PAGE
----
DATE ISSUED: March 17, 2009
In 2008, Florida decoupled from the changes made by the Economic Stimulus Act of 2008 to the Section 179 expense amounts and the bonus depreciation provisions contained in Section 168(k) of the Internal Revenue Code. Sections 220.13(1)(a)14., and 15., Florida Statutes, required corporate taxpayers to add back the 50% bonus depreciation and Section 179 expense in excess of $25,000 allowed by the Economic Stimulus Act of 2008. These provisions have been repealed by Chapter 2009-018, Laws of Florida.
The 2009 Florida Legislature has created new Section 220.13(1)(e), Florida Statutes. Section 220.13(1)(e)1., Florida Statutes, requires corporate taxpayers to add back bonus depreciation for assets placed in service during the 2008 calendar year. However, starting in 2008, it provides for a corresponding subtraction for seven tax years equal to one-seventh of the amount required to be added back.Section 220.13(1)(e)2., Florida Statutes, was newly created, and requires corporate taxpayers claiming a deduction under Section 179 of the Internal Revenue Code to add back those amounts to the extent they exceed $128,000. The addition for Section 179 expense only applies to tax years that begin in 2008. A corresponding subtraction is provided for seven tax years starting with tax years beginning on or after January 1, 2008 equal to one-seventh of the amount required to be added back.
Taxpayer A, with a tax year end of December 31, 2008, purchases five-year assets on July 1, 2008 for $750,000. Taxpayer A expenses $250,000 of these assets under Section 179 of the Internal Revenue Code on its federal return. Assume that Taxpayer A is allowed, and claims 50% bonus depreciation in the amount of $250,000 and straight line depreciation in the amount of $50,000. Taxpayer A’s basis in the assets is $200,000 ($750,000 minus $250,000 Section 179 expense, $250,000 bonus depreciation, and $50,000 straight line depreciation).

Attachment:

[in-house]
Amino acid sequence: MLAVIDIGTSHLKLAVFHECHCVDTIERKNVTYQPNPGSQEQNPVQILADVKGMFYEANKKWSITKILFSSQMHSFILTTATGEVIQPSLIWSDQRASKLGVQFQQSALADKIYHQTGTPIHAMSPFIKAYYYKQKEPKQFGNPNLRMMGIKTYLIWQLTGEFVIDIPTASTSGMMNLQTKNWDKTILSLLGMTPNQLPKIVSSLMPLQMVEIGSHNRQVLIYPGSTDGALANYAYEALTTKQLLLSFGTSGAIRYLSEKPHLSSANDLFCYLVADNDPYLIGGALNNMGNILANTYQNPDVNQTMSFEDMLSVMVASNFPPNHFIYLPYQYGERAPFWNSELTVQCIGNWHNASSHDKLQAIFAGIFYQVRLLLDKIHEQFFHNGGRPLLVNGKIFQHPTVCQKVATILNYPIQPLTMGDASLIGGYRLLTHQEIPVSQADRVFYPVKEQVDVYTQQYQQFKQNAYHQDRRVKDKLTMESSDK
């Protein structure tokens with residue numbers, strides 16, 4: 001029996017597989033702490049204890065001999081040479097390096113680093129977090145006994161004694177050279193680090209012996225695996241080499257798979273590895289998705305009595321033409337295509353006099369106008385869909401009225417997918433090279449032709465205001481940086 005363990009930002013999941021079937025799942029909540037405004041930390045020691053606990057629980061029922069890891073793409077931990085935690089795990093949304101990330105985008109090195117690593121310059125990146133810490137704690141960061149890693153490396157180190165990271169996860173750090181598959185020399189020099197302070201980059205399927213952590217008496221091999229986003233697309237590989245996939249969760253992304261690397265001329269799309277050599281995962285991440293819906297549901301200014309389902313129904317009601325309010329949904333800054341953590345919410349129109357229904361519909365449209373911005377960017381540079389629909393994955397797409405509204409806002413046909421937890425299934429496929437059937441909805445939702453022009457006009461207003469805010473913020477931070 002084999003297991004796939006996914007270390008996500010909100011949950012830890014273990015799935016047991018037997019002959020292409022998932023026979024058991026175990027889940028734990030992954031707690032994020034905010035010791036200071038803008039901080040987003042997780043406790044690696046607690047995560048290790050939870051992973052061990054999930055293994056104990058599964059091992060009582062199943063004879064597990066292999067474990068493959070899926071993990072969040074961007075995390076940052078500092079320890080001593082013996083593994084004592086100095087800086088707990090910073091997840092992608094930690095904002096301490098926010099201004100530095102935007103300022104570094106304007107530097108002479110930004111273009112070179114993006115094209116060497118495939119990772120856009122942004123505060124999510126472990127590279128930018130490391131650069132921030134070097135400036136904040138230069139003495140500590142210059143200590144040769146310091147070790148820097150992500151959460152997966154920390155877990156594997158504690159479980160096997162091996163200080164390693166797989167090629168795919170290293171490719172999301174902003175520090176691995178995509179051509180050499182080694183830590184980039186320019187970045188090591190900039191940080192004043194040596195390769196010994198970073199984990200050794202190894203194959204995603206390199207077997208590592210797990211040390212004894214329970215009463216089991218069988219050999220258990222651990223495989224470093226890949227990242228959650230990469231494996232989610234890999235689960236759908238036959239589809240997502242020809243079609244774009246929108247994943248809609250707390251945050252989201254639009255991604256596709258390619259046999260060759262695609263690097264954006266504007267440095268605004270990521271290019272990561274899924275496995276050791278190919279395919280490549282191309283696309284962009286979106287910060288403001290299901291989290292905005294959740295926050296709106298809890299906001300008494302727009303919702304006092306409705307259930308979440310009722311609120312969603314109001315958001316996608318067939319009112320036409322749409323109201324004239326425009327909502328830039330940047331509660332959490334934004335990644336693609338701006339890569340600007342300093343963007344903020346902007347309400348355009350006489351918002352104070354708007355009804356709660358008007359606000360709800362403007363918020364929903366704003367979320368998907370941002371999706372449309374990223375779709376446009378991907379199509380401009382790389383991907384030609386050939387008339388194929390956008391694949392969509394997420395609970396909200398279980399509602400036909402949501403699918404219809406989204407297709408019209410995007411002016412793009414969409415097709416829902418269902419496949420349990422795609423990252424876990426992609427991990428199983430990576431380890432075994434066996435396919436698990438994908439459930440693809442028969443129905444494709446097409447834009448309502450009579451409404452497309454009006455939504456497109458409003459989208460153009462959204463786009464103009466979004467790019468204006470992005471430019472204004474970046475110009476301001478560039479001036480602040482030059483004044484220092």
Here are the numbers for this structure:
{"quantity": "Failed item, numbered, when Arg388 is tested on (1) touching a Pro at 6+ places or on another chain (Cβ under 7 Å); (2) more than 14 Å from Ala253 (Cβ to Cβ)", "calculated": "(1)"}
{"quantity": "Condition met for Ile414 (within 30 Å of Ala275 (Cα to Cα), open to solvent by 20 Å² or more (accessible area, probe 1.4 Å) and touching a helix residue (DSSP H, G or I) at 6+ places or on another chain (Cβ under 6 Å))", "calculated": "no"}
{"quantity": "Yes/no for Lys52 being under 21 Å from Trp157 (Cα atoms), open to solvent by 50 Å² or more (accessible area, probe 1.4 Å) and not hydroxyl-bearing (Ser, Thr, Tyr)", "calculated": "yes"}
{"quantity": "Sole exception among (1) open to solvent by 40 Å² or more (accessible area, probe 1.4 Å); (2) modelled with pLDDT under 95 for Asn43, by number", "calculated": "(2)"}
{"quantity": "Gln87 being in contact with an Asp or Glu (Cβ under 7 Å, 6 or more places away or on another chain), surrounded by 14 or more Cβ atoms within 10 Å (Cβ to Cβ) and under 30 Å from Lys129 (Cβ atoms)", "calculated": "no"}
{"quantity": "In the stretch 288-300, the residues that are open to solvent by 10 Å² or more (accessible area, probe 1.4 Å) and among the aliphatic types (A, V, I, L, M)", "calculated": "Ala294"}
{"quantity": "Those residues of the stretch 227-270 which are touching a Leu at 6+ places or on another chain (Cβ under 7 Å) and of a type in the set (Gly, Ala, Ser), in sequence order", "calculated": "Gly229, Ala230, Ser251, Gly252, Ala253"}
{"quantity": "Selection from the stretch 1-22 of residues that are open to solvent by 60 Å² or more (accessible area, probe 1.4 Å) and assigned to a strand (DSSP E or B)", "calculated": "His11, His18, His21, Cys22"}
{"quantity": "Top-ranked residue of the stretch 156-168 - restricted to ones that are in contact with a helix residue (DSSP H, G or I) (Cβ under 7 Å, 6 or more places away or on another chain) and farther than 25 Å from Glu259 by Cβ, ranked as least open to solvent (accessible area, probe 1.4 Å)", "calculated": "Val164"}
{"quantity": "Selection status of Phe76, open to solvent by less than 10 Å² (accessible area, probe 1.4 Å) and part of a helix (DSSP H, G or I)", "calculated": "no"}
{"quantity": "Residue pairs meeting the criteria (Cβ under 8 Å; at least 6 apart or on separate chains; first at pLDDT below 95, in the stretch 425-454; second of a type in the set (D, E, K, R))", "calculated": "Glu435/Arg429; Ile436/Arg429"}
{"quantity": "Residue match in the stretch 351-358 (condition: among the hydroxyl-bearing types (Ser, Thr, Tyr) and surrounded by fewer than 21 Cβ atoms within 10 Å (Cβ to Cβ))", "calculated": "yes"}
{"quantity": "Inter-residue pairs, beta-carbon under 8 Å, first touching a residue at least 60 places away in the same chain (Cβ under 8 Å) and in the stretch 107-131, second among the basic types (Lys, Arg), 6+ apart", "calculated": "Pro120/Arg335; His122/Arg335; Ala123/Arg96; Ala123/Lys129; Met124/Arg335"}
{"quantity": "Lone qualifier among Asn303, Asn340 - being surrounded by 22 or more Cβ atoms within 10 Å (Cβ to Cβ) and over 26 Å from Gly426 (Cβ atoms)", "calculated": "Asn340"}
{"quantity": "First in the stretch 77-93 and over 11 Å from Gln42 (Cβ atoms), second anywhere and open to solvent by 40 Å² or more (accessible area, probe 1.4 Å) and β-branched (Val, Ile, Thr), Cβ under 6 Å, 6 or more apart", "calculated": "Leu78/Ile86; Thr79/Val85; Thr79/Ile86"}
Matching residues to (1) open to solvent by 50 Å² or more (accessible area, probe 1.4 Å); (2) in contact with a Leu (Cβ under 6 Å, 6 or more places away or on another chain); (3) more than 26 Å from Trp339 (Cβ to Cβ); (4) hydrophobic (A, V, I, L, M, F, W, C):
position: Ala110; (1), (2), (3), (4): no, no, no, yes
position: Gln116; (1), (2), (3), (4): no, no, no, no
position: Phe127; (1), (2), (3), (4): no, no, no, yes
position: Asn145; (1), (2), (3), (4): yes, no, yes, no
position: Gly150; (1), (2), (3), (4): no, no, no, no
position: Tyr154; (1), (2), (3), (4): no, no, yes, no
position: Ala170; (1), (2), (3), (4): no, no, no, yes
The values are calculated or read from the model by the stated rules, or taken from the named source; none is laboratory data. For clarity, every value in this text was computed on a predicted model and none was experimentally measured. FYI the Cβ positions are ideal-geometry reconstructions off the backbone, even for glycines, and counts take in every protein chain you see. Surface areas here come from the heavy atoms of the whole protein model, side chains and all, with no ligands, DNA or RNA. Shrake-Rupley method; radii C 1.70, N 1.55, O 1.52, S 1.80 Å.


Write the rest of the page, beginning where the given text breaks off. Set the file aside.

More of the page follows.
Under Section 220.13(1)(e)2., Florida Statutes, Taxpayer A must add back Section 179 expense to the extent it exceeds $128,000 ($250,000 minus $128,000 equals $122,000), but receives a corresponding subtraction in 2008 of one-seventh of the amount added back ($122,000 divided by 7 equals $17,428.57). Therefore, Taxpayer A would have a positive adjustment for Section 179 expense for the 2008 calendar year of $104,571.43. ($122,000-17,428.57 equals $104,571.43). The $122,000 would be included on Schedule I, Line14 of the Florida Corporate Income Tax Return (F-1120), and the $17,428.57 would be included on Schedule II, Line 9 of the return. In each of the next six tax years, Taxpayer A would claim a subtraction in the amount of $17,428.57, which matches the amount required to be added back.
Under Section 220.13(1)(e)1., Florida Statutes, Taxpayer A also must add back all of the 50% bonus depreciation it claimed on assets placed in service during the 2008 calendar year. In this example, Taxpayer A claimed $250,000 in bonus depreciation, so it would add back this amount. However, Taxpayer A is allowed a corresponding subtraction equal to one-seventh of the $250,000 required to be added back, or $35,714.29. The $250,000 would be included on Schedule I, Line 15 of the F-1120, and the $35,714.29 would be included on Schedule II, Line 9 of the return. Therefore, Taxpayer A would have a positive adjustment for the 2008 tax year in the amount of $214,285.71 for bonus depreciation, and would subtract $35,714.29 in each of the six subsequent tax years.
References: Chapter 2009 — 018 Laws of Florida
This document is intended to alert you to the requirements contained in Florida laws and administrative rules. It does not by its own effect create rights or require compliance.
For forms and other information, visit our website at www.floridarevenue.com or call Taxpayer Services at 800-352-3671, Monday through Friday (excluding holidays).
For a detailed written response to your questions, write the Florida Department of Revenue, Taxpayer Services, MS 3-2000, 5050 West Tennessee Street, Tallahassee, FL 32399-0112.